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Background sources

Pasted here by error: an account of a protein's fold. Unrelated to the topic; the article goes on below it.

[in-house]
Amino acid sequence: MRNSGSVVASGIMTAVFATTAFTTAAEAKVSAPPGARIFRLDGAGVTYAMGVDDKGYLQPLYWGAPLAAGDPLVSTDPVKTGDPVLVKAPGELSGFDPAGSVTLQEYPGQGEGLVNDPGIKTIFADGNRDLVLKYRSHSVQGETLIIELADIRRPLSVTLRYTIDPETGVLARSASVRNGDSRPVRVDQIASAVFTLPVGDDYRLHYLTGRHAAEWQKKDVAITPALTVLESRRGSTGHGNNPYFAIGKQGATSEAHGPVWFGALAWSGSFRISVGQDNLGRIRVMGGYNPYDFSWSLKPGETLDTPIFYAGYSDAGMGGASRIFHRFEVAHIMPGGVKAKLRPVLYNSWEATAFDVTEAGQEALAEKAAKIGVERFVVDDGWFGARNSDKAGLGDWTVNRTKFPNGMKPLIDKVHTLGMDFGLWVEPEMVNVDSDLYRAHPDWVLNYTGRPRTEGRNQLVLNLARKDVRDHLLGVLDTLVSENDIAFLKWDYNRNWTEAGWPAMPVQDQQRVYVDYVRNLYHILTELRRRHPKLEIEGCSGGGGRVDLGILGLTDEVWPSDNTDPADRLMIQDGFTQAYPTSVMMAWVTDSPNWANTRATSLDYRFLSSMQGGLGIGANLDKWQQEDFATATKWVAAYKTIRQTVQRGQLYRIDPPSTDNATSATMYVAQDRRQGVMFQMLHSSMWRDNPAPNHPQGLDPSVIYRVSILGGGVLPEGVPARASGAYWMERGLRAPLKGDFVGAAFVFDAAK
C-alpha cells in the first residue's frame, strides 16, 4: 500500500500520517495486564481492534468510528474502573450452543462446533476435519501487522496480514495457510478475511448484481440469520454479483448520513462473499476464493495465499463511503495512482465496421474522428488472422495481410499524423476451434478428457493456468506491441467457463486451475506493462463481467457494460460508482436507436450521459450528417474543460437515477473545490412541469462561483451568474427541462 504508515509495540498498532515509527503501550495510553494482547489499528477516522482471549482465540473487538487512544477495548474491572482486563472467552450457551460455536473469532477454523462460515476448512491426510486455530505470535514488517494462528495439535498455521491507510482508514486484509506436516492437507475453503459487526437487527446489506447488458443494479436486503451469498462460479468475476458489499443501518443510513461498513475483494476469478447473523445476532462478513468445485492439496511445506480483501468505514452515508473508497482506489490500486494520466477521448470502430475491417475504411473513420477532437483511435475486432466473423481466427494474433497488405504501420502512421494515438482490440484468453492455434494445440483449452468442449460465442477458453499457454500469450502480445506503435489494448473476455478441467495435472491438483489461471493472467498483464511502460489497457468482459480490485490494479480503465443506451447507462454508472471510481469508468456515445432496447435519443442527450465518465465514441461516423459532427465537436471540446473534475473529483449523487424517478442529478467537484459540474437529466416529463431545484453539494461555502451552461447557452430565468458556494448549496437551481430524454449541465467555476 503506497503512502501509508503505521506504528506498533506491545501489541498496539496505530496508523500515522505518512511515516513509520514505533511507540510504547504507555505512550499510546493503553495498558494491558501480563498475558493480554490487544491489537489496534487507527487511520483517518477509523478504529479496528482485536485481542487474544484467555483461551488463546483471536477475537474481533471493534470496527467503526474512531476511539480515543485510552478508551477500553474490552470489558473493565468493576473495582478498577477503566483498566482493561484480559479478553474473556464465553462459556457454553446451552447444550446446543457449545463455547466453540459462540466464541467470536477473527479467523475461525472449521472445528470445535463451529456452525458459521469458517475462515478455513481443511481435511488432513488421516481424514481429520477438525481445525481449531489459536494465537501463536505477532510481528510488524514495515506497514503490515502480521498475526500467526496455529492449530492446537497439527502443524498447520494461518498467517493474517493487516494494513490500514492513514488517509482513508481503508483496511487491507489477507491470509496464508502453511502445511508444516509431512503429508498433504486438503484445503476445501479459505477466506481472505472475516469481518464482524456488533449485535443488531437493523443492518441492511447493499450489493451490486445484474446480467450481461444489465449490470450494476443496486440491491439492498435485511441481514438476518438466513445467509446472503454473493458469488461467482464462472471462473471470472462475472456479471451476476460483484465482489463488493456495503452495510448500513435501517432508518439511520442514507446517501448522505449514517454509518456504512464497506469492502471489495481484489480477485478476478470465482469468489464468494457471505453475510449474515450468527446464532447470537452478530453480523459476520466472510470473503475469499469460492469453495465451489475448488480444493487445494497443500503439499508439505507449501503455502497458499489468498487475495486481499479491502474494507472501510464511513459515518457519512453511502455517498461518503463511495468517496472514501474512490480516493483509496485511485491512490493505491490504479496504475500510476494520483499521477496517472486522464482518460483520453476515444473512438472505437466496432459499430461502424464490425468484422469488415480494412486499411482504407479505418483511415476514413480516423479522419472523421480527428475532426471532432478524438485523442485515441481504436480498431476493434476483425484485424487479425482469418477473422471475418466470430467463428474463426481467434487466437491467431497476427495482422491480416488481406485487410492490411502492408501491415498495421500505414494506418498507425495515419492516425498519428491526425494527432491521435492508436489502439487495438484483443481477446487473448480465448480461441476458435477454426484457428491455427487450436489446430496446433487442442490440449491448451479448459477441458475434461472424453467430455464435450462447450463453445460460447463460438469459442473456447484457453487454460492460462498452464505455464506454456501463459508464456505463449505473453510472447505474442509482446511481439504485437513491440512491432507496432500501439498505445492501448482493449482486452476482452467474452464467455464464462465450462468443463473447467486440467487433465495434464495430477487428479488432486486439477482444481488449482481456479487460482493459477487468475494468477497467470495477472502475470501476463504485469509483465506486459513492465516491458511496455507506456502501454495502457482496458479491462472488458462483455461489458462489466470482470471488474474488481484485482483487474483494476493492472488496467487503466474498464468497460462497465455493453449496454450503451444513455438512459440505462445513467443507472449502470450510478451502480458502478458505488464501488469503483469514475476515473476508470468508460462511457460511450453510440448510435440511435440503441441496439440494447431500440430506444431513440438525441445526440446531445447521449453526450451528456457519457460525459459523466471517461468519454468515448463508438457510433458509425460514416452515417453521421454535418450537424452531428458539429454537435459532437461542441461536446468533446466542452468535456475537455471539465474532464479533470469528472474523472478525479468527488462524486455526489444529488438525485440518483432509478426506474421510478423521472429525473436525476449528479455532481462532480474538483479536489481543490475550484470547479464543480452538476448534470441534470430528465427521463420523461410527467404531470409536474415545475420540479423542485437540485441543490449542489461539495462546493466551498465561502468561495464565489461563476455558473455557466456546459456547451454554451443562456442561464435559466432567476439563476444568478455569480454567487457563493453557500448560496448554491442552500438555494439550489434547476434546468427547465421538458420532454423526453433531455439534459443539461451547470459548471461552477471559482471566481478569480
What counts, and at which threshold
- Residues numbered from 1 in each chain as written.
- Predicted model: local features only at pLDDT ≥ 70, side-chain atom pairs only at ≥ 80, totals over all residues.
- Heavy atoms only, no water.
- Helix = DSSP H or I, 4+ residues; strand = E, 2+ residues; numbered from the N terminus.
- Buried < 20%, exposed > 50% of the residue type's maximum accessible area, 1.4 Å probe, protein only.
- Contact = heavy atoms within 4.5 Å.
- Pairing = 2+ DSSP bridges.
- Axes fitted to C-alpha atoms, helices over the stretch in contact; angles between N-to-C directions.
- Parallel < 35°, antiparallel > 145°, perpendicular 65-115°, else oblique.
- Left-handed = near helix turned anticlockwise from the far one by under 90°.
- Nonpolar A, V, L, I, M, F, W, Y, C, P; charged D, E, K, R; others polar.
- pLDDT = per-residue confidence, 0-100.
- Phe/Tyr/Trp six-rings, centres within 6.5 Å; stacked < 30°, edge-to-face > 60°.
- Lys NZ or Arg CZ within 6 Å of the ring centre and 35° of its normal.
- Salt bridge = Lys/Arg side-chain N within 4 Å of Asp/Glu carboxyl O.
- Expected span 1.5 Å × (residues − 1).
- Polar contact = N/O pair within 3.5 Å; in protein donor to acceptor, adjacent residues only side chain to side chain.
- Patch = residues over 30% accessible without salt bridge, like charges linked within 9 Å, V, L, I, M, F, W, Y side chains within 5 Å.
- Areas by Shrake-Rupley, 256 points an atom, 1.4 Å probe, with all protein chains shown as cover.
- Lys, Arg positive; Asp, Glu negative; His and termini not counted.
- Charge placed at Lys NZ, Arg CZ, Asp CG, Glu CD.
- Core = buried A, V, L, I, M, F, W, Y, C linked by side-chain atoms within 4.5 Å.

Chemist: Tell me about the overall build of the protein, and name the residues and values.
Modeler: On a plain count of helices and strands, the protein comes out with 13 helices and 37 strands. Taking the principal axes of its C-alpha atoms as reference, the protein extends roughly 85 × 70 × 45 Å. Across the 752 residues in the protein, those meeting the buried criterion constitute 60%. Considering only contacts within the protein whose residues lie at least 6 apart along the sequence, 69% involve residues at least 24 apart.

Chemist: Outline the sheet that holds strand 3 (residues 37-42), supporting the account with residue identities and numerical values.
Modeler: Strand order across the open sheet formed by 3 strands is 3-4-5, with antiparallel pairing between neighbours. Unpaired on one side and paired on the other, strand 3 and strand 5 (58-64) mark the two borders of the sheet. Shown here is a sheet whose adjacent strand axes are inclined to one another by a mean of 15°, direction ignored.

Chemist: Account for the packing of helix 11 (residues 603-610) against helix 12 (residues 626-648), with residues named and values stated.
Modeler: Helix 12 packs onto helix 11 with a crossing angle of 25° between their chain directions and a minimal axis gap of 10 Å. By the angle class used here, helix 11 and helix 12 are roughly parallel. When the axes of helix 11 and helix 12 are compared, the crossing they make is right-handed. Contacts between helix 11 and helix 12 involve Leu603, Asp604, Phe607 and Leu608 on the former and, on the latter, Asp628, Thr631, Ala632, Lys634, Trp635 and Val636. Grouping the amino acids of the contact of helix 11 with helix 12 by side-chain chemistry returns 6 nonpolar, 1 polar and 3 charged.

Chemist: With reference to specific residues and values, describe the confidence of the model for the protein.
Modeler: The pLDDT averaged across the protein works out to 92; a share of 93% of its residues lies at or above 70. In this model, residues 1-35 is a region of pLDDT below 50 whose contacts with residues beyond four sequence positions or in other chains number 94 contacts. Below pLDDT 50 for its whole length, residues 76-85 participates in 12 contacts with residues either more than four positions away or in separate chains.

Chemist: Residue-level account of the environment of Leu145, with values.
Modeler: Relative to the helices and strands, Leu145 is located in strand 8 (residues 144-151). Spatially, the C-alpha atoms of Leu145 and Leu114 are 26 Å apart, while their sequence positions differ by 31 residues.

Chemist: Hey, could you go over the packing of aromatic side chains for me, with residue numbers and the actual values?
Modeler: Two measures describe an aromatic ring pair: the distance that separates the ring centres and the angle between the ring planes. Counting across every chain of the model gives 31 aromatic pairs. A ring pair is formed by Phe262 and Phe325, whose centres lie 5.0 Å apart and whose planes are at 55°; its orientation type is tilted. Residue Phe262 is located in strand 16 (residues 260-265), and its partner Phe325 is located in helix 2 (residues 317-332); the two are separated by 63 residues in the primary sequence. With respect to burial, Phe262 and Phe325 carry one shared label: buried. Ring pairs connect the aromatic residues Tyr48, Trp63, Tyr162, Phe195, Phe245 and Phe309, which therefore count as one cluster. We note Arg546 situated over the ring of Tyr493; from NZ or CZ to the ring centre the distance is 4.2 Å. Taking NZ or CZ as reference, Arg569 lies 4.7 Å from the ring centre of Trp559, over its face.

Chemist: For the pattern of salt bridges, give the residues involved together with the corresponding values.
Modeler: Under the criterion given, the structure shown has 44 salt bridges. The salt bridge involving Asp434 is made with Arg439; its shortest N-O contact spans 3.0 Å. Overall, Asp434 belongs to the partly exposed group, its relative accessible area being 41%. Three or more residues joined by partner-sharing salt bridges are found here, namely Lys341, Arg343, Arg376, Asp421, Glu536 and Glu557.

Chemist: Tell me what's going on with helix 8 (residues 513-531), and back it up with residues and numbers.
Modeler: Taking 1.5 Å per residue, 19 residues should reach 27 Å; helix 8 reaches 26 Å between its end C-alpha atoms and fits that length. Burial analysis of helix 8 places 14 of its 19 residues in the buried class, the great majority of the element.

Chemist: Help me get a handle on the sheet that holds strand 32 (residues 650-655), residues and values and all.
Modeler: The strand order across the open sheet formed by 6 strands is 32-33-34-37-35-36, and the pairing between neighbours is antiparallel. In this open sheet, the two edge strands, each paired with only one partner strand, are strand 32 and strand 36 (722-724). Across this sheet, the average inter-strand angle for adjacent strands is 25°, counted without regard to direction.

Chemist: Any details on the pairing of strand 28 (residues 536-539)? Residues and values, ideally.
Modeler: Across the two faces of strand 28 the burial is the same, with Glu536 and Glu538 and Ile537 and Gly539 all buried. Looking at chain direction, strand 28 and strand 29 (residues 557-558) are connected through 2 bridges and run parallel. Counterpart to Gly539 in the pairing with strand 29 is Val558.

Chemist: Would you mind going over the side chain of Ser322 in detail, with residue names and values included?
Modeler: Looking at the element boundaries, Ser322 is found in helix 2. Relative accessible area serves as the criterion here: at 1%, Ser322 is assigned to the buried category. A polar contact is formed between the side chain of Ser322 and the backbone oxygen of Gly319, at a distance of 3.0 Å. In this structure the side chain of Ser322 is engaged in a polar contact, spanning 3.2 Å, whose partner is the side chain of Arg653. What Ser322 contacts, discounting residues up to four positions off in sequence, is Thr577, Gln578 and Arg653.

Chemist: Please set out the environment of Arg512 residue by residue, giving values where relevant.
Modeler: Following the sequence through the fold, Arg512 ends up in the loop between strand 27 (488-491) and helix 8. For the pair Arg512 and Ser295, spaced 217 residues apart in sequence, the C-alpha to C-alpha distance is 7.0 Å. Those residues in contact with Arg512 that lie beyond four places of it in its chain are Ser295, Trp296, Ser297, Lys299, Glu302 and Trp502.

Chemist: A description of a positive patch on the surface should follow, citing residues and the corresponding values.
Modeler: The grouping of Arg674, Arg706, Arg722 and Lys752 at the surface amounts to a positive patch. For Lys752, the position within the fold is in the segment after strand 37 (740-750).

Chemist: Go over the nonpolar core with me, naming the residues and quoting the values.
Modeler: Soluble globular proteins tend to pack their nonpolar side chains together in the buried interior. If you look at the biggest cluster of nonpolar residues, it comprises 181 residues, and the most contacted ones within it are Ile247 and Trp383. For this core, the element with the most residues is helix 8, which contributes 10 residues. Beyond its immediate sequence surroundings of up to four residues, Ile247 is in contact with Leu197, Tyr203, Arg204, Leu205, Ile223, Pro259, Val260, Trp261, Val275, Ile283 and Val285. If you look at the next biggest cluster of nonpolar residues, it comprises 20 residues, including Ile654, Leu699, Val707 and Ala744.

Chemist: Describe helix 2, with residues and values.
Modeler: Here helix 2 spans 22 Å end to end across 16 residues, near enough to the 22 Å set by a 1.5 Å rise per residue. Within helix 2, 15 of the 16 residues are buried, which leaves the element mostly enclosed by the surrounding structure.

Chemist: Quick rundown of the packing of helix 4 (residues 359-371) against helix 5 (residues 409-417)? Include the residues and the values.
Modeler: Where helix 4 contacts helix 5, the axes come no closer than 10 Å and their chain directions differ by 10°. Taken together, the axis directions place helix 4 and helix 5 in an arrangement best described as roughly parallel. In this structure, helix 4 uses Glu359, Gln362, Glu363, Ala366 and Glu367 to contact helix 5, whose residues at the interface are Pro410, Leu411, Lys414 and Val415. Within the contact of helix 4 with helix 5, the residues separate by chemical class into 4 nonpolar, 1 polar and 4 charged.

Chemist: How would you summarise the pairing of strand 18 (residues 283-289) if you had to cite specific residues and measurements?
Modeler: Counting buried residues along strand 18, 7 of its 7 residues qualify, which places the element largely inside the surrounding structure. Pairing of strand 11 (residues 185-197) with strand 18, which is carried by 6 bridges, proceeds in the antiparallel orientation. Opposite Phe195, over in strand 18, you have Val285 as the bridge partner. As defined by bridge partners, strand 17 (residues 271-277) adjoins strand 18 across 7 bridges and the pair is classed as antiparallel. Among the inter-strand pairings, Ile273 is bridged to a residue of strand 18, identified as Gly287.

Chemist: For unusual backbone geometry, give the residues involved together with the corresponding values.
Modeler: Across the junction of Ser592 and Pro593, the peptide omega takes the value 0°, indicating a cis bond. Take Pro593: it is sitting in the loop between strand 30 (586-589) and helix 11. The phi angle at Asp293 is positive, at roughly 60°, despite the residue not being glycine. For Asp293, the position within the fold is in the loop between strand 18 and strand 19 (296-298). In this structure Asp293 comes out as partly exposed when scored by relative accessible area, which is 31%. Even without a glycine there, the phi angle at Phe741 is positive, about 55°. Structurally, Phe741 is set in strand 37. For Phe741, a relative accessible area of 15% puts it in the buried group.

Background sources can help you gain a basic understanding of the larger conversation surrounding your topic before you dive into more detailed research and can provide an overview of the important issues, ideas, or concepts surrounding your research question. News Sources: How do I find news sources? Search Google News or limit to Newspapers in EBSCO Academic. How do I use news sources? Look for sources with name recognition like BBC News, NPR, and the New York Times. Read a few different articles to get a broad perspective of the issue. Ask yourself: What are the most important aspects or issues of this topic? What details are missing? What questions need to be answered? Government Sources: How do I find government sources? Use Google’s Advanced Search and put “.gov” in the Domain field. How do I use government sources? Use government sources to find reliable data, statistics, and reports on your topic. Ask yourself: What government agencies might provide relevant information on your topic? Explore their websites. What are the limitations of the information? How current is it? Can you find more recent data? Wikipedia: How do I find Wikipedia? www.wikipedia.org. How do I use Wikipedia? Read the article for a detailed overview of your topic. Check out the cited sources to find more reliable information. Ask yourself: What are the most important aspects of the topic highlighted in the article? What’s left out of the article? What is being discussed on the article’s Talk page? Library Resources: How do I find and use library resources? Search the library catalog at library.louisville.edu for books and encyclopedias on your topic. For example, search "film encyclopedia" if you want to find background information for your research in film studies. Click All Databases A-Z, then select CQ Research to find background articles written & fact-checked by professional journalists covering both sides of an issue. Next Steps: After you’ve collected background information on your topic, ask yourself: How does this background information focus my research question? Which library subject guides (library.louisville.edu/subjects) and databases might help me explore my research question more in-depth? What kinds of sources do I need to find next? Scholarly journal articles? Primary sources? Begin exploring and Ask a Librarian if you have questions!

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